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Butterflies Are Free
a Comedy/Drama
by Leonard Gershe

COMPANY : Stage Door Players [WEBSITE]
VENUE : Stage Door Players [WEBSITE]
ID# 3903

SHOWING : March 18, 2011 - April 10, 2011



Don Baker has been blind since birth, his overprotective mother following his every move. When he finally decides to take his own apartment in Manhattan and pursue his songwriting ambitions, and meets his kooky, sexy actress neighbor Jill, Mrs. Baker's controlling instincts go into overdrive with hilariously touching results.

Director Alan Kilpatrick
Sound Design Dan Bauman
Production/Stage Manager Courtney Loner
Costume Design Tony Smithey
Scenic Design Chuck Welcome
Lighting Design John David Williams
Don Baker Josh Donahue
Jill Tanner Megan Hayes
Mrs. Baker Jo Howarth
Ralph Joshua Williams
Click to Submit Cast & Crew Info for this production


Outta Sight, Man!
by Dedalus
Thursday, May 5, 2011

“I only want to be free. The butterflies are free.”
-- Charles Dickens

The 1960’s was a time of people (especially young people) making new definitions of freedom and engaging in new struggles to find or express that freedom. Kids seeking freedom from their parents, young men seeking freedom from being drafted into a war they did not support, wives seeking freedom from their husbands, the disenfranchised seeking freedom from entrenched cultural oppression, the “counterculture” seeking freedom from “the establishment.” And that’s just skimming the surface of the thousands of individual struggles going on around the country, around the world, around the home.

In his 1969 romantic comedy, “Butterflies are Free,” Leonard Gershe took us into the sightless world of Don Baker, a young blind man fighting for his freedom from his over-protective mother, a writer of saccharine children’s books about a young blind super-boy (“Donnie Dark”). When he meets his new neighbor, “free spirit” Jill Tanner, it is “love at first touch,” and the battle lines are drawn for what will be a fight for the soul of young Mr. Baker.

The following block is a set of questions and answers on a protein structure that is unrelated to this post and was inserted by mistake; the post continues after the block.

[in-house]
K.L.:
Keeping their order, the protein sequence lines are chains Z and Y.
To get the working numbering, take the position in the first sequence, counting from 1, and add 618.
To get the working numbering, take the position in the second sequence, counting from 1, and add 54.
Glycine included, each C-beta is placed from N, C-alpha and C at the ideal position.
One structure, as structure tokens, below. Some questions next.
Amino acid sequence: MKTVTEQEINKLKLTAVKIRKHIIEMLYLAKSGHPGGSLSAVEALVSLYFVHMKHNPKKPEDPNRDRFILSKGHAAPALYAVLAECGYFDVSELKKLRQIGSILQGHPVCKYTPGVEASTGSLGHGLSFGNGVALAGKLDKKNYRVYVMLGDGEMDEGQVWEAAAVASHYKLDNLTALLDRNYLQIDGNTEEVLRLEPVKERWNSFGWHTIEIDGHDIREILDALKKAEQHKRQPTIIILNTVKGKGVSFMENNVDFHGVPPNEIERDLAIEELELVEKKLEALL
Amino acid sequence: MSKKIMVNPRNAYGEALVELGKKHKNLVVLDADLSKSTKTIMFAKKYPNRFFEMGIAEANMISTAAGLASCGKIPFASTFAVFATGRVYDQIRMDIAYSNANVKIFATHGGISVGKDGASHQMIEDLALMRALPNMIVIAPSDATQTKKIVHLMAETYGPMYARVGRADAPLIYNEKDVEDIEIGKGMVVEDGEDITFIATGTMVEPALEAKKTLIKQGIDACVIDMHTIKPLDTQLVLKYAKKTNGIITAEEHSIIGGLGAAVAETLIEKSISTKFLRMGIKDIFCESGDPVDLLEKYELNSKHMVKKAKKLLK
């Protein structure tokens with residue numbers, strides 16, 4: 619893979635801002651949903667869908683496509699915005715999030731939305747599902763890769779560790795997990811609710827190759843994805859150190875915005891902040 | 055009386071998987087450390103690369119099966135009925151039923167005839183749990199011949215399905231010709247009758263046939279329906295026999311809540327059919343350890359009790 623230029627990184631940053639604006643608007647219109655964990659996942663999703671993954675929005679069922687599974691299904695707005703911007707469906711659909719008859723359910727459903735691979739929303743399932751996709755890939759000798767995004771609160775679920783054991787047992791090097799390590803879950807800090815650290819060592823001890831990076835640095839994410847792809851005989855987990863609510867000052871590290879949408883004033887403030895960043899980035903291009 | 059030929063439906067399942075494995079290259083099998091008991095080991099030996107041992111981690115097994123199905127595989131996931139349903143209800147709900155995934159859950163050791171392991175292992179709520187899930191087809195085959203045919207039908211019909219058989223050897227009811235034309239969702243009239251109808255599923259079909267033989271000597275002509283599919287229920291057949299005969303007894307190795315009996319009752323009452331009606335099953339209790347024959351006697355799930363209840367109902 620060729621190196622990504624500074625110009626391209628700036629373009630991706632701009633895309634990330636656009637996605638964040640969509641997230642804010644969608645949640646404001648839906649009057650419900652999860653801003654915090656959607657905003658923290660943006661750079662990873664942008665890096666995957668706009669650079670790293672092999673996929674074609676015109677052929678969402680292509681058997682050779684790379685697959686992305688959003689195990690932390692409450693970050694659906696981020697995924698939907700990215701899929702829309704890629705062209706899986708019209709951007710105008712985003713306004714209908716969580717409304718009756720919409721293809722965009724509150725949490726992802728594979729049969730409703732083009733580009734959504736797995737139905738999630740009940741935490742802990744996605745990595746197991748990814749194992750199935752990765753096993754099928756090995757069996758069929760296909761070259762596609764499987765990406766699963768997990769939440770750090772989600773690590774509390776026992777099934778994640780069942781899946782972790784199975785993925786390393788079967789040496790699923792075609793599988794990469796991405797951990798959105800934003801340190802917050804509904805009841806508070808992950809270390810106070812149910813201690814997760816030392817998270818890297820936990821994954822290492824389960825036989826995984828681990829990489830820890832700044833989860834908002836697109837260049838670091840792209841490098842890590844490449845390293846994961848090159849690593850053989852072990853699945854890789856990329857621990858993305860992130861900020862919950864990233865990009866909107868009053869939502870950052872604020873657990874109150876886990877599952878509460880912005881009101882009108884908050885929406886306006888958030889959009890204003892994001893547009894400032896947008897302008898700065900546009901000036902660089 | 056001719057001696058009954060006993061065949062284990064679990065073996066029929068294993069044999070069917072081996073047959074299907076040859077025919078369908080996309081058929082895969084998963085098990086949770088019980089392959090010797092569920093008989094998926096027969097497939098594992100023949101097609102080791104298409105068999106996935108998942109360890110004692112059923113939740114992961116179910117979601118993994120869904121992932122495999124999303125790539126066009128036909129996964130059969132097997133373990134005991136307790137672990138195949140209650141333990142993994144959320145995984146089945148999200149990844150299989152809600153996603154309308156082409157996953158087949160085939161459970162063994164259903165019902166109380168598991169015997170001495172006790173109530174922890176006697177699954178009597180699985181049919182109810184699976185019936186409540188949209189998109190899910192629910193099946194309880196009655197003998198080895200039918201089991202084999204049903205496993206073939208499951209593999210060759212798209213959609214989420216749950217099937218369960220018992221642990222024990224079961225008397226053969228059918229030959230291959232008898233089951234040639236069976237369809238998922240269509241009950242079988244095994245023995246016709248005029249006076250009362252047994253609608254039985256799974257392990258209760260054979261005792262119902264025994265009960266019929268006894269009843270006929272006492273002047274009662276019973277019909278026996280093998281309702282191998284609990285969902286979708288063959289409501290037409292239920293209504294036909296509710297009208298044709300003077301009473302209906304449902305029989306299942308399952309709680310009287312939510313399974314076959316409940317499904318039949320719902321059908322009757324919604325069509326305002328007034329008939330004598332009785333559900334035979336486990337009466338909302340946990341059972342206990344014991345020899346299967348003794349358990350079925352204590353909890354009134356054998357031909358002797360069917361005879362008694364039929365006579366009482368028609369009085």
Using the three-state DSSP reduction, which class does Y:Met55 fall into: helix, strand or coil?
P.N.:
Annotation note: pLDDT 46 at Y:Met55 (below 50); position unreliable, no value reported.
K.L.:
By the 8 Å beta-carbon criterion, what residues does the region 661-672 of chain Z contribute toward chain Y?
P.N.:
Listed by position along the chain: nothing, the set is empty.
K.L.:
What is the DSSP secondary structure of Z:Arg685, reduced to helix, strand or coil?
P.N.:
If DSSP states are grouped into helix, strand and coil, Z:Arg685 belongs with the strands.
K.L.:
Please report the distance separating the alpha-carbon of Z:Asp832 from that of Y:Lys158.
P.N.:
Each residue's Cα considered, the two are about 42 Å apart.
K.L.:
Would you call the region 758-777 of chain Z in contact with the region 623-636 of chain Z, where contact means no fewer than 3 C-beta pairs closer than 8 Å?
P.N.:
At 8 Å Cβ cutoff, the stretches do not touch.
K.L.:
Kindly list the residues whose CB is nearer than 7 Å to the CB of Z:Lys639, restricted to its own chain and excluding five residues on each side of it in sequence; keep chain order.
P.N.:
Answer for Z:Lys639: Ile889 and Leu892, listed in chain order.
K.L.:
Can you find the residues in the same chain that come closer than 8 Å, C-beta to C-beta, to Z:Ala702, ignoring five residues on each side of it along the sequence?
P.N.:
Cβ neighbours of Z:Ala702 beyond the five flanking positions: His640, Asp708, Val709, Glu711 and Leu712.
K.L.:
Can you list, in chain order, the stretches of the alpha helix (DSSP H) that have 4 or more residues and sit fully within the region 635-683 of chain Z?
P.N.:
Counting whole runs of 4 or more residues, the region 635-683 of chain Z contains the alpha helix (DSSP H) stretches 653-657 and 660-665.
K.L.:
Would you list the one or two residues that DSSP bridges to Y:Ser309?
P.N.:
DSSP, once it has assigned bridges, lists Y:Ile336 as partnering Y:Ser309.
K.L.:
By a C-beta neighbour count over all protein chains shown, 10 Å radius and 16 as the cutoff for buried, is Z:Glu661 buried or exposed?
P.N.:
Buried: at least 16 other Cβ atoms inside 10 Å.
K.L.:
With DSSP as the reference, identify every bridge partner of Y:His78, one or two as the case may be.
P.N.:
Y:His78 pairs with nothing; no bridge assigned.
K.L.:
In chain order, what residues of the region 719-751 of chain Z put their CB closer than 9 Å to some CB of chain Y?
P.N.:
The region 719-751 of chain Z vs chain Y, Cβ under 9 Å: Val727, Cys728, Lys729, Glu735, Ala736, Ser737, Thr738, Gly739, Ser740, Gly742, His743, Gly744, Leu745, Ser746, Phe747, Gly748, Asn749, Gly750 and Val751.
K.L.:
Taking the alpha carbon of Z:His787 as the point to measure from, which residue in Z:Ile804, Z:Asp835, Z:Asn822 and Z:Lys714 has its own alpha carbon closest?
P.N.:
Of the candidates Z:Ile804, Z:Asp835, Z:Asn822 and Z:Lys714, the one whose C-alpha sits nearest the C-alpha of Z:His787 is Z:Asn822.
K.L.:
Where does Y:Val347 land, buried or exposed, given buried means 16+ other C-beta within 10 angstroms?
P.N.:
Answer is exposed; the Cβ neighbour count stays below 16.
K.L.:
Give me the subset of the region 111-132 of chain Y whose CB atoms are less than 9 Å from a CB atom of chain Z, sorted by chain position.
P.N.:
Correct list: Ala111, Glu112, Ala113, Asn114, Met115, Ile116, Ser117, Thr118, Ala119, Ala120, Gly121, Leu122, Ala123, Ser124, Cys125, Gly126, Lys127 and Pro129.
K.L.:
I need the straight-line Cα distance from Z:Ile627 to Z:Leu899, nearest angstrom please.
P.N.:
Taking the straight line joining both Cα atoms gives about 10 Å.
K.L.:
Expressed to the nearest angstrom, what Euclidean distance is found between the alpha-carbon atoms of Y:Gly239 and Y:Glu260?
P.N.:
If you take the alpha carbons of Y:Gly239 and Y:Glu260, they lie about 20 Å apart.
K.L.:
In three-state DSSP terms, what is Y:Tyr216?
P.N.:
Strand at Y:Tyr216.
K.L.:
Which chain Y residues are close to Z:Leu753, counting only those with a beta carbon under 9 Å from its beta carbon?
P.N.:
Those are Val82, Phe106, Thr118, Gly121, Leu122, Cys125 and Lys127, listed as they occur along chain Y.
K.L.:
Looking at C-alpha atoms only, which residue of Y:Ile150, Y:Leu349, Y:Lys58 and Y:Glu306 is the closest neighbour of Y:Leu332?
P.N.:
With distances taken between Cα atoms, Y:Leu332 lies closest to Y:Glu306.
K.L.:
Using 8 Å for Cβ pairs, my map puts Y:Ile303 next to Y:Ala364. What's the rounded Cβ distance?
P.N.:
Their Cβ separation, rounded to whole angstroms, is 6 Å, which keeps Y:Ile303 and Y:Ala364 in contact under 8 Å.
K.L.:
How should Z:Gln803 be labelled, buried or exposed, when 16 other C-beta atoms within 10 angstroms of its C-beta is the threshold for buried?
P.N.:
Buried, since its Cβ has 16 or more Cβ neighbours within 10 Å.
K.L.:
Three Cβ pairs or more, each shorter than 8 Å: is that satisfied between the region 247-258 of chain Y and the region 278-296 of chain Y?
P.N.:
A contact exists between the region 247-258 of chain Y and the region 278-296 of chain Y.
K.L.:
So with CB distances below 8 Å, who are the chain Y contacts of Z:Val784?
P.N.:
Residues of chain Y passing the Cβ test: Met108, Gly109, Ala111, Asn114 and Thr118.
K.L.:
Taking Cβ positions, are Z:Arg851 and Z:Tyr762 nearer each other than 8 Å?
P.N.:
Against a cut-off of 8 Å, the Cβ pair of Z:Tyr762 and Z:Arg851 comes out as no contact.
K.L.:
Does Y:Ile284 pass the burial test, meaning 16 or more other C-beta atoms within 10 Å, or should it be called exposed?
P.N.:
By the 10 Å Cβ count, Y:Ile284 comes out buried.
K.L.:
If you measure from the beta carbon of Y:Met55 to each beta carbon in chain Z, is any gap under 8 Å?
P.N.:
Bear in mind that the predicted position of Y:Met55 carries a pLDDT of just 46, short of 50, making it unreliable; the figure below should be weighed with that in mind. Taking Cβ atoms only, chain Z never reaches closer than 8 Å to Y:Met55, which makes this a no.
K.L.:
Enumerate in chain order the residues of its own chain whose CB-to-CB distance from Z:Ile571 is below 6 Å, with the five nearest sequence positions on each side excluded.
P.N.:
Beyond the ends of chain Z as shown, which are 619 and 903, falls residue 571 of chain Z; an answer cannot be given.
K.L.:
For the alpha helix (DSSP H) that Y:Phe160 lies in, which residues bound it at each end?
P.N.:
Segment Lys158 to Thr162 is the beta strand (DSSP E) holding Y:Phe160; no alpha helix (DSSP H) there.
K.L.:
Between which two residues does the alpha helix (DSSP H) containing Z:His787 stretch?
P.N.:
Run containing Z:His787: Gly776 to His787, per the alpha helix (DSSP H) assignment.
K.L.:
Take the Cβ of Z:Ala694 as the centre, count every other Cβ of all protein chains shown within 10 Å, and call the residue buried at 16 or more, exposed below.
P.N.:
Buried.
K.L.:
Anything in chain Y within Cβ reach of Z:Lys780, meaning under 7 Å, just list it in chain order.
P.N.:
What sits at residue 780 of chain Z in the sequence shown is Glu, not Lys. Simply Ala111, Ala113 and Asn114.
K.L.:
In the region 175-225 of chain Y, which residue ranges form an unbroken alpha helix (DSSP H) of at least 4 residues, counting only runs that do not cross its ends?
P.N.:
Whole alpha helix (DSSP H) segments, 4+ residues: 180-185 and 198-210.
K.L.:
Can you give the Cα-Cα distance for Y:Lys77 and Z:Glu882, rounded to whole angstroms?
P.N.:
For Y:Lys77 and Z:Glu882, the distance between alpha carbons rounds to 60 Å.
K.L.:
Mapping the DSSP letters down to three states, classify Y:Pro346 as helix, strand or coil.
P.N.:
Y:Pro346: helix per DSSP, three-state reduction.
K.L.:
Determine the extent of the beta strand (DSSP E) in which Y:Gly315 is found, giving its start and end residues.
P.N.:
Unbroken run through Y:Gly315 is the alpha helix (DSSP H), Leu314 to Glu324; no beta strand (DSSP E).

In Stage Door Players’ marvelous production of the play, Josh Donahue plays Don as a gentle man, hoping to become a musician, sensitive to the eddies of conflict and character that threaten to submerge him. He’s confident and optimistic within the well-memorized confines of his New York apartment, even to the point of being able to successfully navigate a phone cord around his unseen furniture. However, when things begin to fray around the edges, when furniture gets moved or ashtrays “disappear,” or friends prove unreliable, he becomes a little boy lost, curling on the floor and crying for his mother.

Megan Hayes, on the other hand, is a force of nature, a “bull in the china shop” crashing into Don’s life and taking him on an emotional; roller coaster that could take him to the skies or crash him into a broken heap. She embraces all the latest fads to varying degrees, but, in the final analysis, has an insecurity about getting too close that is almost as crippling as Don’s blindness. Ms. Hayes is vibrant and appealing and commands the stage every time she comes on.

And, as Don’s mother (“Mrs. Baker” – it’s ALWAYS “Mrs. Baker’), Jo Howarth is suffocating and supporting, over-bearing and irritating. It’s up to her to resolve Don’s dilemma, and she does it in a way that is as surprising as it is satisfying. I loved everything Ms. Howarth did here, and, it’s especially notable that at no time did she remind me of Eileen Heckart, who won an Oscar for playing this role in the 1972 film version (and which I saw three times in one week while I was off at College).

I really liked how this production evoked the era without wallowing in it. More in tune with the “pop music” aspects of the period (as opposed to the “soul” or “folk” or “psychedelic” musical aspects), it successfully pokes fun at the cultural excesses of the time, while giving equal respect to both sides of the generational struggles. Yes, the “off Broadway” director Ralph (Josh Williams) is pretentious and arrogant, but he’s also fully committed to his “vision,” to making full use of the new freedoms not available mere months before.